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Letter to the editor: Prince George’s future can and should be different from its past

Even in an atmosphere of losses, closures, and hard impacts, we must ask ourselves what we want to bring into the future, and what we’d like to leave behind.

As a recent letter to the editor indicates, people will continue to ring alarm bells to try and draw us away from the future our community deserves. They will wring hands about resources, industries, and sites that used to be, and reinforce the false choice of “jobs or environment.” They will make it seem like Prince George has no choice over so much.

It is true that we cannot control corporate closures or changes in resource availability. And real jobs and livelihoods are being jeopardized and lost in our community and beyond. Coupled with impacts of the climate crisis, there are brutal consequences all around us, time and again.

But even in an atmosphere of losses, closures, and hard impacts, we must ask ourselves what we want to bring into the future, and what we’d like to leave behind. Being too reliant on a few sectors and a handful of companies is something we should leave behind, along with the notion that we must sacrifice our air, water, and health for local jobs.

We should instead follow the lead of key reminders from this Monday’s city council meeting. We were told that the new Strategic Plan (‘23-26) emphasizes diversity and sustainability, aiming to serve Prince George as a "vibrant provincial centre” with an “enviable quality of life.” Coun. Garth Frizzell added that such guiding documents are about “where we want to go.” Where we want to go is likely quite different from an over reliance on resource extraction and heavy industry.

We should invite developments and jobs that fit with our goals. We should stop prematurely boosting anyone proposing something for our fine city. We should consider potential costs and benefits across all sectors—social, economic, environmental, health, and cultural. Forestry and heavy petro-industry are not interchangeable sectors and we should not pretend that they are (neither are western forestry and eastern fisheries, btw). They do both come with significant costs for the environment and human health, however. And a new investment in oil, gas, or virgin plastic production is the opposite of future-forward in 2023.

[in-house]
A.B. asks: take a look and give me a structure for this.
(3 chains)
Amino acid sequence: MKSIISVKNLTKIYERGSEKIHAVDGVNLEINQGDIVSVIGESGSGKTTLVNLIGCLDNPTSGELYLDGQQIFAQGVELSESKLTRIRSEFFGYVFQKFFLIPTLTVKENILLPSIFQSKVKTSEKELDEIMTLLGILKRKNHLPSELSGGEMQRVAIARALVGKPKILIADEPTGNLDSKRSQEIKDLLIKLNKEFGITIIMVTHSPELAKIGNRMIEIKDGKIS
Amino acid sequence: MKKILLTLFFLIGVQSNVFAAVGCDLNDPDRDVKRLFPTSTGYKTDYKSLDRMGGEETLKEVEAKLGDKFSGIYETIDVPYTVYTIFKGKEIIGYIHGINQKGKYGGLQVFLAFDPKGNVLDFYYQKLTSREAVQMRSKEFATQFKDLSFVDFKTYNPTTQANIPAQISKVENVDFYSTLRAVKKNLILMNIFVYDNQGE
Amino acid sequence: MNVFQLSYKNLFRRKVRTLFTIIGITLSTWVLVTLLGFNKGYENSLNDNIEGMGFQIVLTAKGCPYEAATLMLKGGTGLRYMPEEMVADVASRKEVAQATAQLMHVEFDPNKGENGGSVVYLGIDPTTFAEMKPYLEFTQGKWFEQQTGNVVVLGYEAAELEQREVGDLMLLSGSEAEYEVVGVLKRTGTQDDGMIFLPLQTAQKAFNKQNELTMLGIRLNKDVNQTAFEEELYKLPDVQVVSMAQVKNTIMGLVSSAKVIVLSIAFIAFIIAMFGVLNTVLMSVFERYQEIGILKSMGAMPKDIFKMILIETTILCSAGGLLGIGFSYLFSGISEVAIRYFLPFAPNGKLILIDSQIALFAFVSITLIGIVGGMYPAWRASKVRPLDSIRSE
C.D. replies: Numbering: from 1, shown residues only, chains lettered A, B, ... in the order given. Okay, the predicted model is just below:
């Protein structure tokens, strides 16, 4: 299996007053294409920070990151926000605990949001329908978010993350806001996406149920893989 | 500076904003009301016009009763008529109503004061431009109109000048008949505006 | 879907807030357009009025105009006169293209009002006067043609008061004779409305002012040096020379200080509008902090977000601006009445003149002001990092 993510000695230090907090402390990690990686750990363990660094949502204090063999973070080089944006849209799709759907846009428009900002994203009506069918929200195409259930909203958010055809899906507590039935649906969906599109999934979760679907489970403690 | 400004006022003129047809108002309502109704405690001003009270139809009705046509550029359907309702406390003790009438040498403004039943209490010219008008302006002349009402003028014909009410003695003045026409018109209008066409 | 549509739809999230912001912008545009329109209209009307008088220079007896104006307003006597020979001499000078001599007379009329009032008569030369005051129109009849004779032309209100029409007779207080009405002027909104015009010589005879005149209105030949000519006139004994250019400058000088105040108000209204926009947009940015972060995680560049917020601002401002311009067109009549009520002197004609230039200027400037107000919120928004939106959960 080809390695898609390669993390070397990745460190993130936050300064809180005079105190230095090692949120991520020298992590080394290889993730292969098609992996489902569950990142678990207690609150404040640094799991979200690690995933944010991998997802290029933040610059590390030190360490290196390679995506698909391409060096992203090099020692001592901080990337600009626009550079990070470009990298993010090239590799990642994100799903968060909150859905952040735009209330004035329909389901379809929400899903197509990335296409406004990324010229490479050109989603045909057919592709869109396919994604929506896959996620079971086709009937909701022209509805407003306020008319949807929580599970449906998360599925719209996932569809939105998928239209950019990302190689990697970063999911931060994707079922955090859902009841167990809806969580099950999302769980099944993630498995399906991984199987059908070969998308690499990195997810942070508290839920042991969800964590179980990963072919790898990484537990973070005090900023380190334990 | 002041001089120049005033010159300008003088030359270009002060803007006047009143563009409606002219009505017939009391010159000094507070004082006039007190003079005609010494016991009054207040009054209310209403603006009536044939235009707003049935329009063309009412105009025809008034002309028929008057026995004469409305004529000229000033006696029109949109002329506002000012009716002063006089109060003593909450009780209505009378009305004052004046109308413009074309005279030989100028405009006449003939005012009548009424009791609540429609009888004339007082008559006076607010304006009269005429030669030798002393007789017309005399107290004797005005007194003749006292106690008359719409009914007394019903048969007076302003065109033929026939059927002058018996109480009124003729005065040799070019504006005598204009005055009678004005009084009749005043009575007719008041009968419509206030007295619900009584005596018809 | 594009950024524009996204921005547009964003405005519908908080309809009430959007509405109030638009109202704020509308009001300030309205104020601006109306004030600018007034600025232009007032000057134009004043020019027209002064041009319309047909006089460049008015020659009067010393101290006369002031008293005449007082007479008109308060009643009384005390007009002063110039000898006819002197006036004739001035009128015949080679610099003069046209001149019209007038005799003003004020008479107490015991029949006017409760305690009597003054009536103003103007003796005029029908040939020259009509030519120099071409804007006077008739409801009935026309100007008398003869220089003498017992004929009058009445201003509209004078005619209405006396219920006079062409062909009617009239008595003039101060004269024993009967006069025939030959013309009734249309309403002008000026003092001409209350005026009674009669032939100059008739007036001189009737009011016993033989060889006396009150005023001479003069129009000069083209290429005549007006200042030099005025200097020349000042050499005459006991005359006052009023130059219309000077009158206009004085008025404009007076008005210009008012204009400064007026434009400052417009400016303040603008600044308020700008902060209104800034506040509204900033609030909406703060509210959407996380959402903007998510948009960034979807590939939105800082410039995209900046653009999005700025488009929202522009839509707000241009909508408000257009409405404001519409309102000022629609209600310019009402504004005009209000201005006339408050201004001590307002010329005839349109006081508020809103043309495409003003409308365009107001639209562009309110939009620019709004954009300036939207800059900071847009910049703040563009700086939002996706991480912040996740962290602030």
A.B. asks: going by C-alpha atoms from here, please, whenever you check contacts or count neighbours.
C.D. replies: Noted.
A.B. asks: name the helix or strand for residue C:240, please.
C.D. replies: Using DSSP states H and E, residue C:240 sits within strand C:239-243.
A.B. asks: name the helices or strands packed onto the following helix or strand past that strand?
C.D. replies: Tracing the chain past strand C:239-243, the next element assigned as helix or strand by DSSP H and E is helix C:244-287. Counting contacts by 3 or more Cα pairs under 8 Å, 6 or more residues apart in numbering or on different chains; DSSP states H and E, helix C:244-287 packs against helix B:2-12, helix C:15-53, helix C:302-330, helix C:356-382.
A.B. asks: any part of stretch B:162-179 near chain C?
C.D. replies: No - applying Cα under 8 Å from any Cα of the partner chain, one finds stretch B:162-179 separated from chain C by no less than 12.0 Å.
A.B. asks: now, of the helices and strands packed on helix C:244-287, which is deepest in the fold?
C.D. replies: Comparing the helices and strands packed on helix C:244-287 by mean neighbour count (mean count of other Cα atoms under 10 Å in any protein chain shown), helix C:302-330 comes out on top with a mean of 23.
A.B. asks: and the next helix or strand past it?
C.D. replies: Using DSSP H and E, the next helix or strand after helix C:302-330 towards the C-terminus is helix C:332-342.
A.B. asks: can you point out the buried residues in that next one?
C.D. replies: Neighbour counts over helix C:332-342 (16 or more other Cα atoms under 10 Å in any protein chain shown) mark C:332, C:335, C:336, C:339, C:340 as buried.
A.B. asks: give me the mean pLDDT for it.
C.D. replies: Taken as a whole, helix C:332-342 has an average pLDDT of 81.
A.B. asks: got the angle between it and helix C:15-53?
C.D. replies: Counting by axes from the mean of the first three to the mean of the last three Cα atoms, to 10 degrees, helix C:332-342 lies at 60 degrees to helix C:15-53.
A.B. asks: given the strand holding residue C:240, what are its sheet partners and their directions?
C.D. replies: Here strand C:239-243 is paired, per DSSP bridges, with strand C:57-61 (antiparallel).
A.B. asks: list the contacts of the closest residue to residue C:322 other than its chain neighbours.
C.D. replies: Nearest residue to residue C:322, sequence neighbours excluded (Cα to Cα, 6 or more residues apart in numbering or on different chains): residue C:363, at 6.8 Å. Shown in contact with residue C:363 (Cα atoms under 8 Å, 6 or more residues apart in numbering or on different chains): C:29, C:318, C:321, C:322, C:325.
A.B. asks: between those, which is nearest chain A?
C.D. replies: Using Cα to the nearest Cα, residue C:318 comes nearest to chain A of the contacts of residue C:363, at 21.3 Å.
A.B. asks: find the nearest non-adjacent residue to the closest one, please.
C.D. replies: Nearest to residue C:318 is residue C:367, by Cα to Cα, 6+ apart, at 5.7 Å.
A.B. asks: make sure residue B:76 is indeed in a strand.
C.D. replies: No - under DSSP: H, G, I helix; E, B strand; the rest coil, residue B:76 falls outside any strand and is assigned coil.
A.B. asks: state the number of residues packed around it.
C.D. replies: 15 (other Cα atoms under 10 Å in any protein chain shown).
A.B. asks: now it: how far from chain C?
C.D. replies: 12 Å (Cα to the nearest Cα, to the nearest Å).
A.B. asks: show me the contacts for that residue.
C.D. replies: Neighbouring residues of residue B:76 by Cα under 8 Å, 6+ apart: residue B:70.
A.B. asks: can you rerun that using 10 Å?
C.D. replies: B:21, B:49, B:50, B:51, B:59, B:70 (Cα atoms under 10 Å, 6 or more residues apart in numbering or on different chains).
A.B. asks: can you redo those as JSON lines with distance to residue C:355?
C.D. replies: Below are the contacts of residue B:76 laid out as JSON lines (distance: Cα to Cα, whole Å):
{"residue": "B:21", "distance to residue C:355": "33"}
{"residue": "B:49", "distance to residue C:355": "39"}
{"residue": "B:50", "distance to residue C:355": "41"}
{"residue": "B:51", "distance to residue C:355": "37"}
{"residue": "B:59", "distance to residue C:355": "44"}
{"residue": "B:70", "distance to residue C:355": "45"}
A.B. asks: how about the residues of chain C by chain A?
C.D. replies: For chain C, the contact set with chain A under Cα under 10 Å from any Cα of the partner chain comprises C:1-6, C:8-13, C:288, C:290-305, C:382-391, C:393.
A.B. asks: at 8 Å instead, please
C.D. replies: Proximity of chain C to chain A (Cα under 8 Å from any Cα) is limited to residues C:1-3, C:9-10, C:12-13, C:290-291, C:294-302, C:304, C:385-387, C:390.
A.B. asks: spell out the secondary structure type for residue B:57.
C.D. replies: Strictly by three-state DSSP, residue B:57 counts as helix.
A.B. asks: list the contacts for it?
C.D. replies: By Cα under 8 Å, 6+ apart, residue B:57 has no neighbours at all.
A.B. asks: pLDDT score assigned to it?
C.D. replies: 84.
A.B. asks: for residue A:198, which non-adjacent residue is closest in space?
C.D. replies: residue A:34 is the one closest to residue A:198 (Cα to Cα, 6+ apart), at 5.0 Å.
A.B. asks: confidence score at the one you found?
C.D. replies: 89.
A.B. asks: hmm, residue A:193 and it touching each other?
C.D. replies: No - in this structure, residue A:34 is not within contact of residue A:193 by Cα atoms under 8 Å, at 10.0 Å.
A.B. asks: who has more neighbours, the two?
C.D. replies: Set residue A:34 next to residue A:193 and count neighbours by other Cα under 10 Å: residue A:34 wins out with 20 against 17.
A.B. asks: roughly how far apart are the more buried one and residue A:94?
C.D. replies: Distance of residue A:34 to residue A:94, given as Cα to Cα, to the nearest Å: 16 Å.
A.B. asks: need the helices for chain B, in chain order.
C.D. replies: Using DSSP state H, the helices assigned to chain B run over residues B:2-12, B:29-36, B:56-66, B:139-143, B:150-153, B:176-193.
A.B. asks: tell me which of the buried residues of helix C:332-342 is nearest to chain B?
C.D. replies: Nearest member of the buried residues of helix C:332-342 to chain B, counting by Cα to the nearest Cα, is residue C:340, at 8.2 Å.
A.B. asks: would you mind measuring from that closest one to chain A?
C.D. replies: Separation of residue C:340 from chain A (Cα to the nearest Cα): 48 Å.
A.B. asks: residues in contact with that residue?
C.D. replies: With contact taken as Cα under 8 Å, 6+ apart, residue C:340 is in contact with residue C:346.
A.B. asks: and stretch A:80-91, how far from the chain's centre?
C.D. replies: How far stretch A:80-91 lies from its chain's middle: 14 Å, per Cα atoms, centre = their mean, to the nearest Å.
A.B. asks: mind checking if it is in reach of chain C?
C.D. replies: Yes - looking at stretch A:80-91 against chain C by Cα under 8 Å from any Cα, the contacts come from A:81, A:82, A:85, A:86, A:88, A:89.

Furthermore, the highly dynamic and geographically mobile West Coast Olefins proposal that has resurfaced here and elsewhere over the last few years was not promising an order of jobs comparable with those recently lost by Canfor workers. There was also no guarantee that jobs would be local. It is true that we have over-extracted and otherwise lost many of our resources. It is also true that corporate decisions will likely continue to favour cost cutting, consolidation, outsourcing, and automation in lieu of well-paying jobs.

But Prince George today is a very different place from the Prince George of several decades ago. We have gained many strengths and much diversity. We have a different future in mind—one that would support and reinforce work done by the Lheidli T’enneh, the City of Prince George, People’s Action Committee for Health Air, Canfor, the Fraser Basin Council, PG AIR, Northern Health, CNC, UNBC, and many others to improve local air, water, and life. We now have several large service and education employers in addition to our industrial base.

Our council and others are also fighting to bring further opportunities our way, such as new veterinary education facilities. We are a hub, and one now strategically connected with a new federal initiative to support economic diversification in B.C. (the PacifiCan office). Prince George was also recently ranked the most affordable city in B.C.

The rise of remote work and the trend of people moving to smaller North American cities both stand to work in our favour. For example, the provincial public sector has recently adopted a new direction in remote work that enables employees to live further from their associated branches/offices.

There likely will be more shutdowns and we should remain “open for business”. But we should not feel overly pressured to accept any new (or reappearing) proposal. This beautiful place and community are priceless and a better future is worth investing in—as anyone lucky enough to live here knows.

The official provincial motto of BC is "Splendor Sine Occasu" (Splendour Without Diminishment). Now that sounds like “where we want to go.”Acknowledging the traditional and unceded territory of the Lheidli T’enneh.

Zoë Meletis

Annie Booth

Marie Hay

Susanne Weber

Administrators of Too Close 2 Home